The Orioles may have a new brain trust running the team this season, but one thing has stayed the same as from years past — a reliance on the Rule 5 draft to mine undervalued players. Joey Rickard, Anthony Santander and Pedro Araujo are holdovers from the previous regime who have been joined this spring by Richie Martin and Drew Jackson.
But there is a big difference this year — the Orioles are in rebuild mode and focused on improving the talent base at all levels in lieu of wins. That is the type of team that should be giving looks to multiple Rule 5 players, as opposed to a team expecting to compete.
That’s also why it was such a head-scratcher last year when Dan Duquette decided to keep three Rule 5 guys on the Opening Day roster. Araujo was wildly inconsistent out of the bullpen and eventually placed on the disabled list. Santander hit .198 in 101 at-bats before losing Rule 5 status and being optioned to the minors. And pitcher Nestor Cortes Jr. was so bad that the O’s sent him back to his original team, the New York Yankees.
This spring, the Orioles’ current and former Rule 5 players are getting a lot of opportunities. At least the position players, that is. This past December’s Rule 5 picks — Richie Martin and Drew Jackson — are tied for the fourth most at-bats (along with Chris Bostick) in camp so far with 20 apiece.
Former Rule 5 outfielders Rickard and Santander aren’t far behind, with 18 at-bats apiece through Wednesday. Reliever Pedro Araujo, who has only pitched 2.1 innings this spring, will have to serve 17 days on the major league roster before he loses his Rule 5 status and can be sent to the minors.
As chronicled recently by Mark Brown, all the aforementioned players stand a solid chance of cracking the opening day roster, with the exception being Santander. He seems like the most likely odd man out.
Anthony Santander came to the Orioles via the Cleveland Indians in December 2016 and brought with him a sweet switch-hitting swing reminiscent of Victor Martinez. In 131 major league at-bats the last two years combined, Santander hit .214/.252/.313 with one home run, 8 RBI and one stolen base.
In parts of seven minor league seasons, he has a .271/.337/.454 batting line. Santander is having an impressive spring early on, hitting .444/.500/1.000 with two home runs and five RBI through Wednesday’s games. The switch-hitting outfielder is currently 24 years old.
Another outfielder, Joey Rickard, has somehow stuck around the outfield picture for years now despite being astonishingly mediocre since the O’s took him from the Tampa Bay Rays in December 2015. From 2016-2018, Rickard owns a .252/.298/.376 slash line in the majors, as opposed to a .279/.388/.394 line in parts of six minor league seasons. He will turn 28 this May. So far this spring, the right-handed hitting outfielder is batting .333/.400/.556 with two RBI and one stolen base.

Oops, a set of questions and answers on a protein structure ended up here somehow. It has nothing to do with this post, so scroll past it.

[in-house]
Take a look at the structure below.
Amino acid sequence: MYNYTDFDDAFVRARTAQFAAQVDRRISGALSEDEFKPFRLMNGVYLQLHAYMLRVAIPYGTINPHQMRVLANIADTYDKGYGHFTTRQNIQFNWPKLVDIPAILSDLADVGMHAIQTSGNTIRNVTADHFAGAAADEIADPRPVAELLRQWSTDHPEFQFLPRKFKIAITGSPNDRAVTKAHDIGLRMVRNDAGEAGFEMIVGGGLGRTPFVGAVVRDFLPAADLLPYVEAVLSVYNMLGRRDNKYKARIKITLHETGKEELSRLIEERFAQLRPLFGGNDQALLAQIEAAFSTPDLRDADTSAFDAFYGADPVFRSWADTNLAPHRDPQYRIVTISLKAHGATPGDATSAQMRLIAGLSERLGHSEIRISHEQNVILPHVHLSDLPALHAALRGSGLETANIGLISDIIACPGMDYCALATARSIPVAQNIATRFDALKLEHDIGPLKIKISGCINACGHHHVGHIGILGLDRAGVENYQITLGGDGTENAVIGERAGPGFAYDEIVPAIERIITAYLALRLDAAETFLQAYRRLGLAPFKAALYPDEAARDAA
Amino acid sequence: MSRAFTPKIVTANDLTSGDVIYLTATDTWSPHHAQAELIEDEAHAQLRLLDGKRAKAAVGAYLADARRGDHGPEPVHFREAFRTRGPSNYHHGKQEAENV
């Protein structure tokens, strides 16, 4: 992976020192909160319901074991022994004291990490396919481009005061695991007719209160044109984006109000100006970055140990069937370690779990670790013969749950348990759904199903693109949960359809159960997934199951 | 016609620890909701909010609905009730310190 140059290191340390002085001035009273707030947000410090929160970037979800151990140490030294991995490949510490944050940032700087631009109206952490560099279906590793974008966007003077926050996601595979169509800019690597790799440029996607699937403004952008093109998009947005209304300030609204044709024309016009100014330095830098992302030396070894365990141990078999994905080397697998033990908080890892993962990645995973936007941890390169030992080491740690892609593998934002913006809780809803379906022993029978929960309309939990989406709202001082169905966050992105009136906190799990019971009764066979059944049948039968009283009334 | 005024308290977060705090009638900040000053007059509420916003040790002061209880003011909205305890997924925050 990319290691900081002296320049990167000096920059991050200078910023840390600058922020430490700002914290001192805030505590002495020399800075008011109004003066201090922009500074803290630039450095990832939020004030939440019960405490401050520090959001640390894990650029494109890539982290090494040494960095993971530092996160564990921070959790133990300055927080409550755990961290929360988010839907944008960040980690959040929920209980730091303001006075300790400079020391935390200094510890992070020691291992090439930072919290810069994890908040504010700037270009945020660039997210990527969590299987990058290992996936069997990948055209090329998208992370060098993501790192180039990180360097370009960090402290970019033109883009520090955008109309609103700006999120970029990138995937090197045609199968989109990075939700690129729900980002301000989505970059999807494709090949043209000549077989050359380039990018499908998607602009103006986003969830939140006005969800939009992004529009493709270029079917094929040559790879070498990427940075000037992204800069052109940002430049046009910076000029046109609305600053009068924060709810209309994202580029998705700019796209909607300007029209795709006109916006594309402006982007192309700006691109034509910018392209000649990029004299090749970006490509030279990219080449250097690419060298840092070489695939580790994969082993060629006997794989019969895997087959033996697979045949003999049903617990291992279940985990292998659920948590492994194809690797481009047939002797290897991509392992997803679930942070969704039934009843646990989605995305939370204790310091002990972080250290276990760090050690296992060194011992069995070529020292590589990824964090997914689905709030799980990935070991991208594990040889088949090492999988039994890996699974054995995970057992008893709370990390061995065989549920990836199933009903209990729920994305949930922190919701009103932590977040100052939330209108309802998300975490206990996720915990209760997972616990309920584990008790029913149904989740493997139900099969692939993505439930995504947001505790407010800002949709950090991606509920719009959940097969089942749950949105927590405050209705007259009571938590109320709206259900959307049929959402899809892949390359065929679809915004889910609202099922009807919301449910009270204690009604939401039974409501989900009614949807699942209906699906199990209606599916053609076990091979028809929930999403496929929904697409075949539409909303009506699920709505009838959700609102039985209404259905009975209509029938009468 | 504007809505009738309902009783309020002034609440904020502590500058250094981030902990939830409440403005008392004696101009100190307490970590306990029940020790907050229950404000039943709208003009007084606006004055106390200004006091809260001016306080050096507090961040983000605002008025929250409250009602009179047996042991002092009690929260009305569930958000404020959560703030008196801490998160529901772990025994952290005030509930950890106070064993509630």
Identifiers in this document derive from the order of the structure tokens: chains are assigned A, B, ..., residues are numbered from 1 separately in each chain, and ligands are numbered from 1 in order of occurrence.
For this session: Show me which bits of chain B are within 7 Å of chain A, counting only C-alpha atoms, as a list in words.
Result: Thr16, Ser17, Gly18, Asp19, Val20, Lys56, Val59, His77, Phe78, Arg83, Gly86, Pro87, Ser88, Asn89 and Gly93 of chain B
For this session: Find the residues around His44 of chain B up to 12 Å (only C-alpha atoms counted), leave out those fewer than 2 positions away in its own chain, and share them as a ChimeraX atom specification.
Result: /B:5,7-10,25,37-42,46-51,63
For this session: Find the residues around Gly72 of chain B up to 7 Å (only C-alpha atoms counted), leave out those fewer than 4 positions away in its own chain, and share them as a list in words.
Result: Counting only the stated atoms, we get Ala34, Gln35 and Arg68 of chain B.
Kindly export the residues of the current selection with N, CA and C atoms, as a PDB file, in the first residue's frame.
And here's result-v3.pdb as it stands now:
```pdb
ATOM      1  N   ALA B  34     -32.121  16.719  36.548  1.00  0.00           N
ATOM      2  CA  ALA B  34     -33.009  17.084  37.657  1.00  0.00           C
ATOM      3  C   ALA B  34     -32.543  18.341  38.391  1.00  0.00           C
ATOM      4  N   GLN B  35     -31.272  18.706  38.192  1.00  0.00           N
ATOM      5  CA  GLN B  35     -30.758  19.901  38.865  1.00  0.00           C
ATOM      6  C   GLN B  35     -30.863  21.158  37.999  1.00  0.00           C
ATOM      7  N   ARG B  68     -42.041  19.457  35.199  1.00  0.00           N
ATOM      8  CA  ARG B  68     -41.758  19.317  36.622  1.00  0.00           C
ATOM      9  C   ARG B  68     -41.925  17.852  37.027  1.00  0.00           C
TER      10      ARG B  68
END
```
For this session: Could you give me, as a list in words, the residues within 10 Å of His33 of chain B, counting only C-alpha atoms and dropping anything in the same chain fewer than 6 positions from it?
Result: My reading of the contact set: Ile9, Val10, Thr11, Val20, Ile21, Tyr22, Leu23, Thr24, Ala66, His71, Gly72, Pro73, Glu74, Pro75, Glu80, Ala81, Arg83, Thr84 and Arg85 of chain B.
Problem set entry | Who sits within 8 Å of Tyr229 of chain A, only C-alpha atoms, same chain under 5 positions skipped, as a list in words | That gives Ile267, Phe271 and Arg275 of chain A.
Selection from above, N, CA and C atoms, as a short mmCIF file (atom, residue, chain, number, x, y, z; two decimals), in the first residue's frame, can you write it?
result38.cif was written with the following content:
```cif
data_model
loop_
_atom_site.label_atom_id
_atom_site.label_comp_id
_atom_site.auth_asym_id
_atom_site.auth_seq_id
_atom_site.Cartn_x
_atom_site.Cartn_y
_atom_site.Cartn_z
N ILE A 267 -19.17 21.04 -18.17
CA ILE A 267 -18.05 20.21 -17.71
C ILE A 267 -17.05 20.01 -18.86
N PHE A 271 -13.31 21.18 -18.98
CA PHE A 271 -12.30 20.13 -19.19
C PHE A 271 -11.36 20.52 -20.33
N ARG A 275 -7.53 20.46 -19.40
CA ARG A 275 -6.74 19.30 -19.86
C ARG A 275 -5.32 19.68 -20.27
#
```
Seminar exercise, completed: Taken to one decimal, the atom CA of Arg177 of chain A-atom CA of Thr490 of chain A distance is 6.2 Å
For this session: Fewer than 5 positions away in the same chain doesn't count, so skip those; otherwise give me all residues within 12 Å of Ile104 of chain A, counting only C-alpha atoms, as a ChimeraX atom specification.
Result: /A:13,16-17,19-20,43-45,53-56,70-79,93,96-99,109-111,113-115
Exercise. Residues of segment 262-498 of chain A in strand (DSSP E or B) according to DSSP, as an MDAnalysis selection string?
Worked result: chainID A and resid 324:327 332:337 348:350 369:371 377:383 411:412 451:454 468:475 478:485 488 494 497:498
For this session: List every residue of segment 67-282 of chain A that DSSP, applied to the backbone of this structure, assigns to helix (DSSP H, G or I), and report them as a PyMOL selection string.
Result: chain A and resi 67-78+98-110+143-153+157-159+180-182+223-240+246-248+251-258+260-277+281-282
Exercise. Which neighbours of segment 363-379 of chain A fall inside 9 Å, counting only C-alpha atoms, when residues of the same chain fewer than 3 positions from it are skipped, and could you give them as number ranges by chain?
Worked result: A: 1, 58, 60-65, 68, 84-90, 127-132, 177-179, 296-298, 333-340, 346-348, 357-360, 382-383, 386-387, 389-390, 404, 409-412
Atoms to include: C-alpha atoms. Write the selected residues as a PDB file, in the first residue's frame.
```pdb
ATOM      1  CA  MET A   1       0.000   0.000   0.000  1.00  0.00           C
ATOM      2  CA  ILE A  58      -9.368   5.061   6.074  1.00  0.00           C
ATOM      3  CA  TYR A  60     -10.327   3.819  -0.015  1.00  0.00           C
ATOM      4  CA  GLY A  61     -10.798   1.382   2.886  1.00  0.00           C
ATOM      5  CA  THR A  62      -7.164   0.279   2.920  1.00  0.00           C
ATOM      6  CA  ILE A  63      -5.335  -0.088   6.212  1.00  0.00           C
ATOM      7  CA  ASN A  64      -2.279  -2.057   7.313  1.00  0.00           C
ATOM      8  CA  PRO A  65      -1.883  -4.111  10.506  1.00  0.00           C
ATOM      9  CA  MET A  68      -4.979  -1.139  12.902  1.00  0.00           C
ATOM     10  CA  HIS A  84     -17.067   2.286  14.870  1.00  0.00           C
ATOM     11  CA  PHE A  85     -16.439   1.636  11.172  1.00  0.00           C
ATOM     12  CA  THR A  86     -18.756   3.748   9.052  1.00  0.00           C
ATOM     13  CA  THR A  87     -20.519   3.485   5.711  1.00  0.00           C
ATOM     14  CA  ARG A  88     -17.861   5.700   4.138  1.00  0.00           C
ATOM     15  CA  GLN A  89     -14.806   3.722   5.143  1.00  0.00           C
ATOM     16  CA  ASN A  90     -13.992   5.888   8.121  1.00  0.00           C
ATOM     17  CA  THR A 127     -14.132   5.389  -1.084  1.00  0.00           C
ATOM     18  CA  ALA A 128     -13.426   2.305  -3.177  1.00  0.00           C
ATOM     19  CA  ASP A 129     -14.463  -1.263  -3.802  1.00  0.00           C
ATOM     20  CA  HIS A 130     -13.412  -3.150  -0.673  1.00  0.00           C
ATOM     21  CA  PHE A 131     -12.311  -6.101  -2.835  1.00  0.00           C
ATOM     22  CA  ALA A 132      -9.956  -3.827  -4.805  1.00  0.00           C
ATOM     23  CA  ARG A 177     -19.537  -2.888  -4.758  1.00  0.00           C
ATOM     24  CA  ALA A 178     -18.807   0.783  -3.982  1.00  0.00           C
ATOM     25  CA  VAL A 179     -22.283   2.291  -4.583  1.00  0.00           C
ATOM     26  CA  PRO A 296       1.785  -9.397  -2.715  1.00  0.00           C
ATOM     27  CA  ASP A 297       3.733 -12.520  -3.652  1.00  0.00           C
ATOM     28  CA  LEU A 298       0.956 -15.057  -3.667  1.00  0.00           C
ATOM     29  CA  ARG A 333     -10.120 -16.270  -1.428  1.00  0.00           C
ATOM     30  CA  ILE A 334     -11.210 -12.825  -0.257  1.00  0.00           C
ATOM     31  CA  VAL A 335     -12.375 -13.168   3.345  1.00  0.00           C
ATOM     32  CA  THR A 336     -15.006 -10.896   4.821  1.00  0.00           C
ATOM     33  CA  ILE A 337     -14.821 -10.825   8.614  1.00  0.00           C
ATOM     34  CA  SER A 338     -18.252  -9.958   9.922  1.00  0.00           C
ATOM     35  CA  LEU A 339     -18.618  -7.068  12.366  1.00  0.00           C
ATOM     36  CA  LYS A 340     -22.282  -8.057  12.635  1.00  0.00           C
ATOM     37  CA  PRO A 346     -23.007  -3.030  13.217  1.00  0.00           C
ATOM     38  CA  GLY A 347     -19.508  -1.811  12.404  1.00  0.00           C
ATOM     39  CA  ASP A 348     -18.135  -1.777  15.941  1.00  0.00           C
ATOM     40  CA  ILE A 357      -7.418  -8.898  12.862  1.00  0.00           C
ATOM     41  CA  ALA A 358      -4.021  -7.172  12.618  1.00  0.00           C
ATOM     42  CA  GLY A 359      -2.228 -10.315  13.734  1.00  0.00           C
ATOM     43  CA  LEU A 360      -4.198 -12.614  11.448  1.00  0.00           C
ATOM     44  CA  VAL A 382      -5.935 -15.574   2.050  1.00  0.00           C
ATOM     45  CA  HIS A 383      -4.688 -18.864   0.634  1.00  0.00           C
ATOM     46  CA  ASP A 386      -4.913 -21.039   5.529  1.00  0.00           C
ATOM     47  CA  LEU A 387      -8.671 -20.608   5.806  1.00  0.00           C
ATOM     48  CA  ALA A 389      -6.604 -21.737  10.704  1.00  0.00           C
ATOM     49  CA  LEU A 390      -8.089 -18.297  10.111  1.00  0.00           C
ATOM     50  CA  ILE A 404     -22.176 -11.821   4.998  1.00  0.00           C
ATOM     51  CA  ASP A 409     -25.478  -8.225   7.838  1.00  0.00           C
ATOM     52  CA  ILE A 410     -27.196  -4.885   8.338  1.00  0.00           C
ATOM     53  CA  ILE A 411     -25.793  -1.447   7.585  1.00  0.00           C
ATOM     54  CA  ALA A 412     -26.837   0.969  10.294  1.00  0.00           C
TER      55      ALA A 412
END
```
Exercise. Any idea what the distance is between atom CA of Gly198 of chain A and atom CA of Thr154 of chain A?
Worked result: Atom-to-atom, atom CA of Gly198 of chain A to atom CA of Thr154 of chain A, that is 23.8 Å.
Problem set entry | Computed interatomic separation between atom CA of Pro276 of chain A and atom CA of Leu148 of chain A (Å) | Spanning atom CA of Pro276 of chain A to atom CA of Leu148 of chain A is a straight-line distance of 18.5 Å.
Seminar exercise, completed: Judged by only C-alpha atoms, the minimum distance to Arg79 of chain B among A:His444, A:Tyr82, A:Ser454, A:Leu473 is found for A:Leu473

On the other side of the ball, right-handed relief pitcher Pedro Araujo doesn’t throw heat. Brooks Baseball notes that his fastball tops out in the low 90s, so he relies more on his change-up and slider while also employing a sinker. The Orioles took him from the Cubs last December and watched him pitch 28 innings with a 7.70 ERA and 1.67 WHIP before placing him on the disabled list in June with a right elbow sprain, according to MLB.com.
In his minor league career, spread across seven seasons, Araujo has a 2.63 ERA and 1.09 WHIP in 145 games (22 starts). The 25-year-old has only pitched 2.1 innings this spring, allowing four hits, one walk and four strikeouts with a 3.86 ERA and 2.14 WHIP.
Which brings us to the newest Rule 5 members of spring training. Richie Martin is a slick fielding shortstop from the Oakland Athletics who had a breakout season with the bat at Double-A last year, hitting .300/.368/.439 with six home runs, 42 RBI and 25 stolen bases. In 20 spring at-bats with the O’s, the 24-year-old owns a .450/.500/.650 batting line with a pair of steals.
Drew Jackson is a versatile fielder who was selected by the Philadelphia Phillies in the Rule 5 Draft last December and then traded to the O’s. He still maintains his Rule 5 player status. The 25-year-old is hitting well so far in the Grapefruit League (.350/.391/.400) after putting up a .269/.360/.399 batting line across four minor league seasons with the Los Angeles Dodgers.
While looking at a team’s approach to the Rule 5 Draft and the number of those players they keep around into the regular season, context is key. A team building toward the future, like Baltimore, can afford to go through the growing pains of keeping such players for a full year.
Unlike the past couple of years, it would not be a big surprise to see the Orioles keep more than one, or maybe even more than two, Rule 5 players on the Opening Day roster. It would actually be more prudent than ever.